But long-term studies show that there is not much difference in weight loss between keto and other diets. A meta-analysis published in BMJ adults on a ketogenic diet (eating less than 50 grams of carbohydrates) compared with those on a traditional low-fat diet. After at least a year, those who were following the keto diet lost two extra pounds compared to the group that lowered fat.

Question #6.)
What Fruits Are Keto Friendly?

Fruit, in general, is not the mainstay of the keto diet. With lots of natural sugar, the fruit generally has a lot of carbohydrates to include. But you can get small amounts of low-carb fruits, such as berries, avocado, and coconut. Here’s what would fit with a keto:

  • Berries: 3 g of net carbohydrates per half-cup.
  • Strawberry: 2 g net carbs per half-cup slices.
  • Blueberries: 4 g of pure carbs per ¼ cup.
  • Blackberries: 3 g net carbs per half-cup.
  • Chopped Coconut: 2.5 g net carbs per half-cup.
  • Avocado: 3 g net carbs per cup, cubes.

Question #7.)
Can I Eat Snacks Like Popcorn, Oatmeal, and Yogurt on Keto?

Unfortunately, foods that are high in carbohydrates such as popcorn or oats will not match the keto diet. One cup of pop-up popcorn contains 5g of pure carbs, which maybe half of the carbohydrate serving throughout the day. It is also worth noting that a cup of popcorn is not a big meal; it contains only 30 calories and does not contain fat, so it will not be full. Oats probably don’t work either. About ¼ cup of regular dried oats contains 12 grams of pure carbs for 77 calories and only 1 gram of fat.

As for yoghurt, it depends on the type you choose and whether it is compatible with the keto. For example, about half a 7-ounce container of Greek yoghurt contains 5 percent of regular milk fat which contains 3 g of carbohydrates. Remember to choose regular versions because the flavour will add more sugar (and therefore more carbohydrates).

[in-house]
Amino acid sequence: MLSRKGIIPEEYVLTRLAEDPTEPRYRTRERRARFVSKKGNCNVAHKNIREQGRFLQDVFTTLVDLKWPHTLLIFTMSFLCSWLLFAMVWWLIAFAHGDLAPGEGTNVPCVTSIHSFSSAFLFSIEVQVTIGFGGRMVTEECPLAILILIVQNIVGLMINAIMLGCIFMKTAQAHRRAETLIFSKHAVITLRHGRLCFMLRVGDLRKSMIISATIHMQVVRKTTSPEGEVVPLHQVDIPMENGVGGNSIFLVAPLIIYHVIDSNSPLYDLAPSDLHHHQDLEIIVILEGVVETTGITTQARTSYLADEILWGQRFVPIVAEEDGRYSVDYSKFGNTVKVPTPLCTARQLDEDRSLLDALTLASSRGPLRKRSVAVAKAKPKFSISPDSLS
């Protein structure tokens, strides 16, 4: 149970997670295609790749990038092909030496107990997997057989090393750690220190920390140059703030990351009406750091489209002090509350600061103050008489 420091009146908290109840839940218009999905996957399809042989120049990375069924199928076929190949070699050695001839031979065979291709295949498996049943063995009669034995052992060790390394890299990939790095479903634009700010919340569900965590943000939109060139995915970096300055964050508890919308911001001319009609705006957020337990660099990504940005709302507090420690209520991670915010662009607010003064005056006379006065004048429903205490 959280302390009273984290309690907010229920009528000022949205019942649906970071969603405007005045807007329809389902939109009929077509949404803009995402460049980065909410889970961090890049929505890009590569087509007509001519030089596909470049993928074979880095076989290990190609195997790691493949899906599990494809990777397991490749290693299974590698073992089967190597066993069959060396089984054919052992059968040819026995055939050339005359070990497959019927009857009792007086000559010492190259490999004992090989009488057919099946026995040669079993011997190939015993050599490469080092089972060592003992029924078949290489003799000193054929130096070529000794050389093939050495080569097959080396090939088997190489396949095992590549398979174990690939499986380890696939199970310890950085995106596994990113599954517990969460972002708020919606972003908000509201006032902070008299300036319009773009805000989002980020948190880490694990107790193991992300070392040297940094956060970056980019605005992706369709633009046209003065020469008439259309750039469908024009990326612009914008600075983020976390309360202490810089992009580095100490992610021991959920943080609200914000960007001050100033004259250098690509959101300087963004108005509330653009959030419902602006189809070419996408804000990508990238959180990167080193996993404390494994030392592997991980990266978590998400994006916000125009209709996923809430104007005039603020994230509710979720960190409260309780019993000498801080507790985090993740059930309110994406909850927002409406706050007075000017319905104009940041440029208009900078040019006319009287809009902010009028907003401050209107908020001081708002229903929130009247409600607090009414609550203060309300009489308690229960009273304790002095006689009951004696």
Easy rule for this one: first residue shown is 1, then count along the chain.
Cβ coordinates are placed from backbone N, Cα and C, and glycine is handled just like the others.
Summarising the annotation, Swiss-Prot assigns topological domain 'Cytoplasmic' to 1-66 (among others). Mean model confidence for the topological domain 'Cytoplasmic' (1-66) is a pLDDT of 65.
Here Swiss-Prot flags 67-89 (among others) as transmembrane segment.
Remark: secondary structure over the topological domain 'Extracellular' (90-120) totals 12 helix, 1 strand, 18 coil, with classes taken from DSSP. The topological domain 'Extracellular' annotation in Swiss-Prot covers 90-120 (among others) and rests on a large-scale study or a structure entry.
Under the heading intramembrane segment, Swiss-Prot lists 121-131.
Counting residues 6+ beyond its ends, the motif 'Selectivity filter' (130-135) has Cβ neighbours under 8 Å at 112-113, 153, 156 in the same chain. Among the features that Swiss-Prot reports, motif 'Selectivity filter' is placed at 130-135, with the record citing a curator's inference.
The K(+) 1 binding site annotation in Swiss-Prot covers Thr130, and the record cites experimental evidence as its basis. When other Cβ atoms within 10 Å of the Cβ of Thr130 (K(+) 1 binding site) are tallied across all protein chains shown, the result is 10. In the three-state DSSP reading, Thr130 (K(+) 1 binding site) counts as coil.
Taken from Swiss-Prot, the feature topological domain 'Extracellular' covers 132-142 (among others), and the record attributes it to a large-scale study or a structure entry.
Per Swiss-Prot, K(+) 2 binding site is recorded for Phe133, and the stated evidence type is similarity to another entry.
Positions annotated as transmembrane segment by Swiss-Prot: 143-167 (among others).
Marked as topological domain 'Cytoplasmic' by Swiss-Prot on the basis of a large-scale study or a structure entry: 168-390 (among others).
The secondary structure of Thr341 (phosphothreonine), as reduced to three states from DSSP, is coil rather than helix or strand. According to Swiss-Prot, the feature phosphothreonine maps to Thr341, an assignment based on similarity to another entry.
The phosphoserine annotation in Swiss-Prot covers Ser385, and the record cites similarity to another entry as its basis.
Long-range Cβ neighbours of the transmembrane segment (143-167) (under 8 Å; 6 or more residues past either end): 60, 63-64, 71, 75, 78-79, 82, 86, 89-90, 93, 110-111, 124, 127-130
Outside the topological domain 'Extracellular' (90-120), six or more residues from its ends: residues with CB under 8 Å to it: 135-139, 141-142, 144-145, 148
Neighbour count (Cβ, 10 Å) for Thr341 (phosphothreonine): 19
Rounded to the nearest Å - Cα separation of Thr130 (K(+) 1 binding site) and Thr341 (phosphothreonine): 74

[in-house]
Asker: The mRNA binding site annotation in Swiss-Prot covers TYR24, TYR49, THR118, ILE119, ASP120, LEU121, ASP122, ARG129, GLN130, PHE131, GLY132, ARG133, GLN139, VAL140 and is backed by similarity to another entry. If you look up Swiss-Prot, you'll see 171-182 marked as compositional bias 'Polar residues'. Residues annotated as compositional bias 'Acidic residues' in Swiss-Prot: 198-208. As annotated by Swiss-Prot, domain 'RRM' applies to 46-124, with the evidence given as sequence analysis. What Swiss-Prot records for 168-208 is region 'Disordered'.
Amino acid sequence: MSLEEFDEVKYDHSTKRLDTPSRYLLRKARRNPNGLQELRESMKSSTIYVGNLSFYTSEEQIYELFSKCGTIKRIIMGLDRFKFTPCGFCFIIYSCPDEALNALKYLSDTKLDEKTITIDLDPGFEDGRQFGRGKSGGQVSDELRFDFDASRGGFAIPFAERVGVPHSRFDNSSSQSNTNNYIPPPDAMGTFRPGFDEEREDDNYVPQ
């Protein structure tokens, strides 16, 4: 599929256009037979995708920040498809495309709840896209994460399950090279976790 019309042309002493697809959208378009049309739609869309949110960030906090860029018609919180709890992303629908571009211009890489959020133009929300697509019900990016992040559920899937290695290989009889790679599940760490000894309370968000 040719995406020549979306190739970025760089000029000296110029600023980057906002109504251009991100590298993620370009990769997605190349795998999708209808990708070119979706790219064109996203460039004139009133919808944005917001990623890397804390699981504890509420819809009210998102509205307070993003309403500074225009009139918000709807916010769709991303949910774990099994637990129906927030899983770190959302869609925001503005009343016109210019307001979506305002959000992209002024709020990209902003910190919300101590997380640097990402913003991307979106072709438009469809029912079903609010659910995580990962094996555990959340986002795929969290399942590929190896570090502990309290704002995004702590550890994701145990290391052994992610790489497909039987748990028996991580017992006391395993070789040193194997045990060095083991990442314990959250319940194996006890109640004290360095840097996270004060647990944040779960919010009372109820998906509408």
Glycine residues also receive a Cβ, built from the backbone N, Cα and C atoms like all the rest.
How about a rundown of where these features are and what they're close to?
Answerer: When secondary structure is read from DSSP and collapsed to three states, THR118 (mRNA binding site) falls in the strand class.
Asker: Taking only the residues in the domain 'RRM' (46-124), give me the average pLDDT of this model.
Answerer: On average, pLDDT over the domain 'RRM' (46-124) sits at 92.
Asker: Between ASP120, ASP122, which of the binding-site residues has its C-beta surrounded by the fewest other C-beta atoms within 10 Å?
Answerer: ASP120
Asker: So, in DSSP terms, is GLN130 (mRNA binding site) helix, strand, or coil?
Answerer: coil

Keto-compatible snacks include the best nuts (1 ounce of almonds contain 3 g of pure carbs), seeds (½ cup of sunflower seeds contain 3 g of pure carbs), and small amounts of low-carb fruits such as berries. Spastic beef and non-messy vegetables like broccoli and cucumbers are other options for snacks on keto.

Question #8.)
Should I Be Concerned About the Keto Flu?

If you are interested in the keto diet, you may have read about keto flu, which is an unpleasant side effect. The keto flu is definitely real. Your body works well on carbohydrates – that’s what it was designed for. When it turns into a fat-burning, it becomes less energy efficient. In keto, you have less energy available and you may feel sick and slow as if you had the flu. As your body naturally adapts to this new method of drawing energy, you will emerge from it. This may take up to two weeks.

Question #9.)
Will the Keto Diet Give Me Kidney Stones?

The development of kidney stones is a concern if you switch to a diet with more protein. (Although the keto diet is again a moderate protein diet.) Consuming high levels of red meat and not drinking too much water may make the stones more likely. In the keto diet, you need to stay hydrated and replenish minerals like sodium, potassium, magnesium, and calcium). If not, it may increase the risk of side effects such as stones.